Steroid Warning

With the rise in pouched rat illnesses over the winter season this year, this means more veterinarians have been treating animals they know very little about. Indeed there is still so much regards pouched rat health that we still don’t know or understand as owners and breeders.

Through no fault of their own veterinarians are having to try treatments for illnesses that they would normally use on a dog, cat or other domesticated animal/pet that they have all had years of training, that has been tried and tested over decades of trials and research. However as I myself am all to aware of with the loss of my own Ziyal, not all medications are suitable for our pouched rats, especially when they still don’t fully understand what is causing our pouched rats to become ill in the first place.

There are some medications however that we have been able to discover may need to be used with caution as is the case with amoxicillin or avoided altogether. One such medication has been brought to light very recently with a pouched rat who sadly passed away after a veterinarian prescribed steroids. The pouched rat being treated was already on an antibiotic but was not improving as well as the vet had hoped so was prescribed the steroid to aid in the antibiotics effectiveness in treating the illness the vet believed the pouched rat to have.

Sadly the steroid was the error in the treatment of the pouched rat. Although the antibiotic and steroid combination did appear to be doing their job and the pouched rat had returned to his normal self the owner was advised to complete the course of treatment as is always the case with antibiotics. Unfortunately with the continuation of the treatment including the steroids the pouched rat had a seizure followed by a series seizures and sadly had to be put to sleep after being rushed to the vet.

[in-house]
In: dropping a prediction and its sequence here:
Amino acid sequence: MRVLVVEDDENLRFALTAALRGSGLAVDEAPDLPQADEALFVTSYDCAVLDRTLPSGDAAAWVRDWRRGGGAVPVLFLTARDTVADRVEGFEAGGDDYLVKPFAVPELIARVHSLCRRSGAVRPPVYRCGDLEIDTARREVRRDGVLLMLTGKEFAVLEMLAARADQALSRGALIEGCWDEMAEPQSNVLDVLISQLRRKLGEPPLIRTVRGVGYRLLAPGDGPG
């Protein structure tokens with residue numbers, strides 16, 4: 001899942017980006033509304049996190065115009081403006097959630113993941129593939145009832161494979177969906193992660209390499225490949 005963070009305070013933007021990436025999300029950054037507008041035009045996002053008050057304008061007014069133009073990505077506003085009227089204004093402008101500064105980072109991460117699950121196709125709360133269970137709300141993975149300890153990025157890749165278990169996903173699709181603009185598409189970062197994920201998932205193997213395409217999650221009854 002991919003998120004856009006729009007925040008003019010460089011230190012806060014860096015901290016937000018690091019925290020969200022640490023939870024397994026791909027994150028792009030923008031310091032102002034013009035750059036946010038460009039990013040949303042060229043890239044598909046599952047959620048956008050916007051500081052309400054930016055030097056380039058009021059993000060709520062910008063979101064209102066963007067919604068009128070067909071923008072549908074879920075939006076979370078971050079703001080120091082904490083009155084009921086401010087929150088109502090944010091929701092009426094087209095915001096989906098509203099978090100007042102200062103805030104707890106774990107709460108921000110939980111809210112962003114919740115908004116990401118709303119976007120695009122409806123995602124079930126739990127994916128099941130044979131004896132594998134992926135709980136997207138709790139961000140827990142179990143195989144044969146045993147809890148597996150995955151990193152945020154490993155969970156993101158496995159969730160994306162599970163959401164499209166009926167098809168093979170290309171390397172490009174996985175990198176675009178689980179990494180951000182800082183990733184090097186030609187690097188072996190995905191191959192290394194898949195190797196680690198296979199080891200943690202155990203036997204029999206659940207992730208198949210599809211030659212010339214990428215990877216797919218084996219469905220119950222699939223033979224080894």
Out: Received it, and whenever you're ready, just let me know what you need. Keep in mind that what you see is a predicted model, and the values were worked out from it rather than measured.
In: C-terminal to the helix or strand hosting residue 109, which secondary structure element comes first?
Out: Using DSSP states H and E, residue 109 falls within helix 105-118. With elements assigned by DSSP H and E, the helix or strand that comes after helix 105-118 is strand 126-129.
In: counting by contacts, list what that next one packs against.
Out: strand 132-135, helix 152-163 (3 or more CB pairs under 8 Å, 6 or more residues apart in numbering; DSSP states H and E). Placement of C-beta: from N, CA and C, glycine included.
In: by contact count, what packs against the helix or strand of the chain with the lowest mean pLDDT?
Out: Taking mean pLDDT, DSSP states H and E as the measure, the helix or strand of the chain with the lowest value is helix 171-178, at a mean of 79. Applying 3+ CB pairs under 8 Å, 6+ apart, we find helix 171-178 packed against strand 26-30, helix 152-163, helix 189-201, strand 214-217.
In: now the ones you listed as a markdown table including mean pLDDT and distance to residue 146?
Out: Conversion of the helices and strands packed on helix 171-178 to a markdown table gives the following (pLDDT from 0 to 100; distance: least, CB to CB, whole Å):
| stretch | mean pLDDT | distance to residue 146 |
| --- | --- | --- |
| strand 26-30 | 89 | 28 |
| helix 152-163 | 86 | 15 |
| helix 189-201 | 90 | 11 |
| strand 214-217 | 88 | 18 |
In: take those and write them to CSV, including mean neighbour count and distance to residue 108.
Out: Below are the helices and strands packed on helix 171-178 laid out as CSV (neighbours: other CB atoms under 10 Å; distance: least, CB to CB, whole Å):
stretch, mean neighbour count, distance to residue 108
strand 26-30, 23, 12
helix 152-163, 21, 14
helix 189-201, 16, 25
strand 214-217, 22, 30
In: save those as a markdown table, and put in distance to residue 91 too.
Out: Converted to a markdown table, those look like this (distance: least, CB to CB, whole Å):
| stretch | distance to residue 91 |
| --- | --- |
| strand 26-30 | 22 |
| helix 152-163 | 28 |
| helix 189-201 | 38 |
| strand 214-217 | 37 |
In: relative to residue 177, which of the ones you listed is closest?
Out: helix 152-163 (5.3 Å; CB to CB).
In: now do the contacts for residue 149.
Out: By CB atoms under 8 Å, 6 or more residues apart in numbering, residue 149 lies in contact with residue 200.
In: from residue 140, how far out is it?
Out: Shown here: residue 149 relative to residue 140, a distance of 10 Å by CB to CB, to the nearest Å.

It was confirmed that the seizures were a side effect of the steroids used.

  The purpose of this article is not to scare people from seeking veterinarian advice or treatment if their pouched rat becomes unwell, in fact this is the first advice I give to anyone asking for help regards an unwell pouched rat, but it is to raise awareness when discussing the possibility of the risks involved of any medication that your veterinarian may suggest treating your pouched rat with, especially medications like steroids that have had a known side effect that has resulted in complications or the loss of life of a pouched rat. If by raising awareness of the risks of using steroids in the treatment of an unwell pouched rat then the loss of this pouched rat has not been in vain.

Please remember to use caution with any treatment and ask to be made fully aware of all possible side effects, as well as highlighting to your veterinarian of any known negative outcomes of medication they suggest to be used with your pouched rat that is known. We, including the veterinarians, are all still learning about these amazing animals and need to be working together to help improve the treatment and knowledge of pouched rat health issues.